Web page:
On the 11th hour on the 11th day of the 11th month, a minutes’ silence is observed and dedicated to those service men and women who fought and served to protect our nation.

11 November, originally known as Armistice Day, was a day to remember those who died in World War One. Today the loss of Australian lives from all wars and conflicts is commemorated on Remembrance Day.

Part of our very own War Widows Guild history is connected to Remembrance Day. The first reference to our well-known badge appeared in NSW Guild records, fittingly, on Remembrance Day 11 November 1947.

At a Special Council meeting three days later, it was proposed that a ‘small distinctive badge should be worn, uniform in all States and a request for Royal patronage should be made’. It was important to the Guild that its motif be Australian. The kookaburra drew on links with both the 7th Battalion and General Vasey. The kookaburra was the formation sign for the 7th Battalion whose GOC was General Vasey from 1942-44. It stamped the Guild with a determinedly Australian emblem, a territorial independent bird whose characteristics remain potent in our organisation today.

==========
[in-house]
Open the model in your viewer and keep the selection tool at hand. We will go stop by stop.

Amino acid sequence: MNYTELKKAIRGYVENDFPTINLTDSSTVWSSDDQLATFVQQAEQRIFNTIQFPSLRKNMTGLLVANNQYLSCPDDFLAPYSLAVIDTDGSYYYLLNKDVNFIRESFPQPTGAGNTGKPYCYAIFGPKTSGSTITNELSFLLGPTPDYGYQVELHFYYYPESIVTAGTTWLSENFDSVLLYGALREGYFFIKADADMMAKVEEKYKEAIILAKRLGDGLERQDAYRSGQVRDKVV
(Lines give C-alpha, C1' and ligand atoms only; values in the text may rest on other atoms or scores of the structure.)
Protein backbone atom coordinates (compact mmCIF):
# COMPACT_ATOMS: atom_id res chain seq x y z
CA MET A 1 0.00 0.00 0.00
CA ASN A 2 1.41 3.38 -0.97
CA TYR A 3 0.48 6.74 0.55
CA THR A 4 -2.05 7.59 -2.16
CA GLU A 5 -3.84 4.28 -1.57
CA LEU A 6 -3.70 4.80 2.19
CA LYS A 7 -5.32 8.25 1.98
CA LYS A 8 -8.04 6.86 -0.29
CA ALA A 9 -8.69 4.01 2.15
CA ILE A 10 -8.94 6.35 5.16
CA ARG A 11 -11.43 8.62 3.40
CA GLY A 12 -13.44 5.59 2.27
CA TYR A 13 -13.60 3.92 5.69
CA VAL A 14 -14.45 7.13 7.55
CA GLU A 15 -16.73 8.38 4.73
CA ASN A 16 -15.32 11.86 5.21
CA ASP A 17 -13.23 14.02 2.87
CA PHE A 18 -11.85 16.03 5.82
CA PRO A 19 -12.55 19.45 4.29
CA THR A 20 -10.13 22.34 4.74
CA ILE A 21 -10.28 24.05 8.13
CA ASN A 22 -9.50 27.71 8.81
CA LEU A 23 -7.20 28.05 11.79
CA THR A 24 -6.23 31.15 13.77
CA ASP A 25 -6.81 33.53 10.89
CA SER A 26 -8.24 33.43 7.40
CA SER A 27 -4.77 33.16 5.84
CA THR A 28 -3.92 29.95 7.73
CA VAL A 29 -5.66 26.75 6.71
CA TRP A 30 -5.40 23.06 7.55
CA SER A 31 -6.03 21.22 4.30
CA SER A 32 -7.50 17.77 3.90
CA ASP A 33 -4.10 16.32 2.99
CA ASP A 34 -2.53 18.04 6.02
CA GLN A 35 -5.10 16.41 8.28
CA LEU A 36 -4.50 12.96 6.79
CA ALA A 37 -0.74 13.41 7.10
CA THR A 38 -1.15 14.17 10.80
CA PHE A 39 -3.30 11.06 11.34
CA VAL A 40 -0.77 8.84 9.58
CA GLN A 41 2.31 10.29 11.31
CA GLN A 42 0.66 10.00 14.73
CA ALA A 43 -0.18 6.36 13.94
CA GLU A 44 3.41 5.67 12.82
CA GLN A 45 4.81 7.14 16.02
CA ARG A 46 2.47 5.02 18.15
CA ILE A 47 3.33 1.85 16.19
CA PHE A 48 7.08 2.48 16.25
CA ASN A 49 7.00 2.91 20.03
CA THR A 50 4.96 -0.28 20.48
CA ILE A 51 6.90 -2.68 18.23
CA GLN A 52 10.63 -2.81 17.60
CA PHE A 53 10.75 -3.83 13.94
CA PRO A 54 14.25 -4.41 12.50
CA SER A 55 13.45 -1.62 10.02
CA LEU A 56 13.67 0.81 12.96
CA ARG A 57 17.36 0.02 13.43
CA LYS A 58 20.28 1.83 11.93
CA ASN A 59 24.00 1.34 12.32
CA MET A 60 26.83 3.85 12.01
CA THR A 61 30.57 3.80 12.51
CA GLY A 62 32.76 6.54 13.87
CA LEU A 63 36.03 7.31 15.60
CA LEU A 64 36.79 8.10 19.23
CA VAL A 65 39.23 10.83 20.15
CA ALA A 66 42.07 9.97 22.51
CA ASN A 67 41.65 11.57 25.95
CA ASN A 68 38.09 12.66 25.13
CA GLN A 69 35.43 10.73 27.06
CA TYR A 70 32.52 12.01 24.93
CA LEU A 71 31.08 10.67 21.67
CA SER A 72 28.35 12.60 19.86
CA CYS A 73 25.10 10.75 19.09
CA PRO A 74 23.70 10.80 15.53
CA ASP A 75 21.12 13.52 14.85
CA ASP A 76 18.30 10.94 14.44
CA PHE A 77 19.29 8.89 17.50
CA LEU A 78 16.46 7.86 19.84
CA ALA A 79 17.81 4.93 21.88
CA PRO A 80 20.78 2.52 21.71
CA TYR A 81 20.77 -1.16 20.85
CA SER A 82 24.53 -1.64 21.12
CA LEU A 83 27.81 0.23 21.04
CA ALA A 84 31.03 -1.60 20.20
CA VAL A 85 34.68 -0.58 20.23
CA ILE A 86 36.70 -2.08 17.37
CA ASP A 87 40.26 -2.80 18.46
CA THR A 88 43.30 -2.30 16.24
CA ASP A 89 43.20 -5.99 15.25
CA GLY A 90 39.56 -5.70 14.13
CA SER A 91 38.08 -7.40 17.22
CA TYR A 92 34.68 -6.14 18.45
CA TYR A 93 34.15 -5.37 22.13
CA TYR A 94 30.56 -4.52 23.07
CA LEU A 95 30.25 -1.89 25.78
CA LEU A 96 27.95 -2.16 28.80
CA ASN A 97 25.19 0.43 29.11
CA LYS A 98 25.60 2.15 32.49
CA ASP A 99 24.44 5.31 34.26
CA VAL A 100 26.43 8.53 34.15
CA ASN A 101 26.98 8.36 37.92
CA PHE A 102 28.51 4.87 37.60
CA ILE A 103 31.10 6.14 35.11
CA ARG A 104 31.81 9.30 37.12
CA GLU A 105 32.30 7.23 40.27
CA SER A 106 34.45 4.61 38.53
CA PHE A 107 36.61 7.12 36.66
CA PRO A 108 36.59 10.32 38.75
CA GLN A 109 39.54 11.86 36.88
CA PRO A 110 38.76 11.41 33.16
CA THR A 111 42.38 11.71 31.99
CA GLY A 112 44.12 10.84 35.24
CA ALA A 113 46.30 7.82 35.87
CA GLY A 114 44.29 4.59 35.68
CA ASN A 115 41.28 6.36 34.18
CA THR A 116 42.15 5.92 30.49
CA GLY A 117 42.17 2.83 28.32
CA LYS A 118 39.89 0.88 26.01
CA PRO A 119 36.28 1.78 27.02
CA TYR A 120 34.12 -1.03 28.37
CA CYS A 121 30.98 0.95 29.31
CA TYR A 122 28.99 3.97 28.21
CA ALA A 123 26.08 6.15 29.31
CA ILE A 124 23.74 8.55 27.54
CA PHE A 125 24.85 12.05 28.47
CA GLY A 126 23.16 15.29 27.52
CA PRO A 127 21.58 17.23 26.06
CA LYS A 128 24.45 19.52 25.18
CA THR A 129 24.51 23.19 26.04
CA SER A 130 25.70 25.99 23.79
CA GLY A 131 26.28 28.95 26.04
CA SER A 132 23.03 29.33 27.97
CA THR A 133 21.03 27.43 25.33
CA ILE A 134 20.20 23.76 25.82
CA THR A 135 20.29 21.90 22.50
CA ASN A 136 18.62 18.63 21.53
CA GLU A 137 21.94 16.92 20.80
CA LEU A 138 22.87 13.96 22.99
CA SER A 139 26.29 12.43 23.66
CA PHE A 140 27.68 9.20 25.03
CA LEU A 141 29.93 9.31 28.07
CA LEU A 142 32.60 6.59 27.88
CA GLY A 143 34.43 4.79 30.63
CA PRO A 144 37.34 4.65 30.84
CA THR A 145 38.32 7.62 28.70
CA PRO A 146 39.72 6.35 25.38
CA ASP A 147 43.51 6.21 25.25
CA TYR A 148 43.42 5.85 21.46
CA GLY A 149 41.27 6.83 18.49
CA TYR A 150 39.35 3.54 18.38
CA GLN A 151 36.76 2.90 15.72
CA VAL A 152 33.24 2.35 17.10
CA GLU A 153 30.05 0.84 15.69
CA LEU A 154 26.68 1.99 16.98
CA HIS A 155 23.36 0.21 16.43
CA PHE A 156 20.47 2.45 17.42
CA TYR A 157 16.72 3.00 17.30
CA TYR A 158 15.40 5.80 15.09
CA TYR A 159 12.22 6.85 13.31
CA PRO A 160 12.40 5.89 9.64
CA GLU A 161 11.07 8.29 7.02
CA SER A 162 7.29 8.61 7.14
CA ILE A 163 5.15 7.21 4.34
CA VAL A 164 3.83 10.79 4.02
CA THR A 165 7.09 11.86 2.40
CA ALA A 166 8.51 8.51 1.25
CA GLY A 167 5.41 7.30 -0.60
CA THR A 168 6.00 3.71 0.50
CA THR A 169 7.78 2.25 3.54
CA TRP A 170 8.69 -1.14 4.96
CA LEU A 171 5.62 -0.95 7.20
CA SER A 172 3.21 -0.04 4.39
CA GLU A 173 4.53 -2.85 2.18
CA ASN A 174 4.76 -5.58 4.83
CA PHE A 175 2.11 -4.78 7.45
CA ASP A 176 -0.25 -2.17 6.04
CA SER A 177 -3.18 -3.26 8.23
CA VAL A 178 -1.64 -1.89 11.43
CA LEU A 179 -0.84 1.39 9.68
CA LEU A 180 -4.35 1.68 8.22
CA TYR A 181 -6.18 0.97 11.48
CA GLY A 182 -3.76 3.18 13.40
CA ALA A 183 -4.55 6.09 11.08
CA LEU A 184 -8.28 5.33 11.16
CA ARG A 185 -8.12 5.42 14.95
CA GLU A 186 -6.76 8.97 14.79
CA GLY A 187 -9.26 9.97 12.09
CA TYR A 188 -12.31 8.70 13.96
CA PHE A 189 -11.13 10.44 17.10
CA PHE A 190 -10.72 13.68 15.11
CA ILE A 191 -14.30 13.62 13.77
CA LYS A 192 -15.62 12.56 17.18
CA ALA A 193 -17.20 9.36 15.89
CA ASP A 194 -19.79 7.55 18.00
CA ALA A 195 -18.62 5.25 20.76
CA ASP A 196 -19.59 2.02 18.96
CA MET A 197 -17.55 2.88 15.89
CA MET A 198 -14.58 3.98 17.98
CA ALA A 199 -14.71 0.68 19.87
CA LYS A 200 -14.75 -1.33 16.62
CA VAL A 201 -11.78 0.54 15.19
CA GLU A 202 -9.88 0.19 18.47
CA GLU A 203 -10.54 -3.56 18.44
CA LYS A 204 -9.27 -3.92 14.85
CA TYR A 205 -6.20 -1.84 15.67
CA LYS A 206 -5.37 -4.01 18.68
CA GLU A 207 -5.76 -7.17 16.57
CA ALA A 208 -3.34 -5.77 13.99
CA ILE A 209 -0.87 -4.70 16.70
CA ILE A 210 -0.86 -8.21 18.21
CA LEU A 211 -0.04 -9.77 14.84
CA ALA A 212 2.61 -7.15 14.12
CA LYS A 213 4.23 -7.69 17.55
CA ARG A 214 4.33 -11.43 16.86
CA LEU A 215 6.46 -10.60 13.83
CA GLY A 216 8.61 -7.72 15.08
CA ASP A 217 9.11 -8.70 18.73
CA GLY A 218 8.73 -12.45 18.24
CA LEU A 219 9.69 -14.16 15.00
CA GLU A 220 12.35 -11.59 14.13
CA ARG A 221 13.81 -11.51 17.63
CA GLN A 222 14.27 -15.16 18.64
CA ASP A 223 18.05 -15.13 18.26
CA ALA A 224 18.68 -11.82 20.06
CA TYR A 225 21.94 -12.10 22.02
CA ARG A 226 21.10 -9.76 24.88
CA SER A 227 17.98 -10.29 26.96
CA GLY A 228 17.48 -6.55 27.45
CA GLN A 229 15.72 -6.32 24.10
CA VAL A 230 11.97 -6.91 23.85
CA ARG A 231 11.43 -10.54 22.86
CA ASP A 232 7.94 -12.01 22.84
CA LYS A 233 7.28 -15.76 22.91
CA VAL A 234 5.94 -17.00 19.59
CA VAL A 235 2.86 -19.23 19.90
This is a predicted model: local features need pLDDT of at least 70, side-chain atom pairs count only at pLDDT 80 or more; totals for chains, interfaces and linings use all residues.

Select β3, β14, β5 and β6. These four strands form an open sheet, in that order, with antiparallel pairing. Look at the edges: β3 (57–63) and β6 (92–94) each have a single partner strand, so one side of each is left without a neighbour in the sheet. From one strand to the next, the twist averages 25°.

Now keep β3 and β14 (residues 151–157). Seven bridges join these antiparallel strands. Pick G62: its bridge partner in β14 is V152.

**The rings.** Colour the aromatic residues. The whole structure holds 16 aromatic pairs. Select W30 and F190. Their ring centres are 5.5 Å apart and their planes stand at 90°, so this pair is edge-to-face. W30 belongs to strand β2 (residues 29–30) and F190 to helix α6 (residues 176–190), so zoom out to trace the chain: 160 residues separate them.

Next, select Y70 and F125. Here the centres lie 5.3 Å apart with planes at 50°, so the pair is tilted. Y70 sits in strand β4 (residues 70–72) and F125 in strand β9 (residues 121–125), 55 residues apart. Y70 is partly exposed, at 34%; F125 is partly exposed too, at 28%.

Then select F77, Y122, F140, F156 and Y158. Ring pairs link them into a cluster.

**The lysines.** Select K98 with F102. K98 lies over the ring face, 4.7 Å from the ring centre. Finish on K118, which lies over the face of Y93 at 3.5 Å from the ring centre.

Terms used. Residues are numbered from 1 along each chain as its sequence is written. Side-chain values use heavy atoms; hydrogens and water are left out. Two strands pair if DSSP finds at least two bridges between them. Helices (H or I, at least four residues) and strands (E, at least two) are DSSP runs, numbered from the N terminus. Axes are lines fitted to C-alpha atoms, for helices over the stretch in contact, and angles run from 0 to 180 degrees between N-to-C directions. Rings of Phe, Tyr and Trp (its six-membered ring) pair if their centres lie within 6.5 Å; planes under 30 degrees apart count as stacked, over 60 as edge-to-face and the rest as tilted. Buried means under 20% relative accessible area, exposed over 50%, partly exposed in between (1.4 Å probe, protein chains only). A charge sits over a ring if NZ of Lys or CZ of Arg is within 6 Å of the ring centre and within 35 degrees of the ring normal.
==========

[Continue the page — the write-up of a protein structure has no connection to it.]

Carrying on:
Today is about our veterans but is also about those who they left behind. The Australian War Widows badge is a significant and well recognised symbol for war widows in our country.

On 11 November at 11.00am, we pause to remember all men, women and families of the Australian Defence Force who have made the ultimate sacrifice.

We will remember them. Lest we forget.

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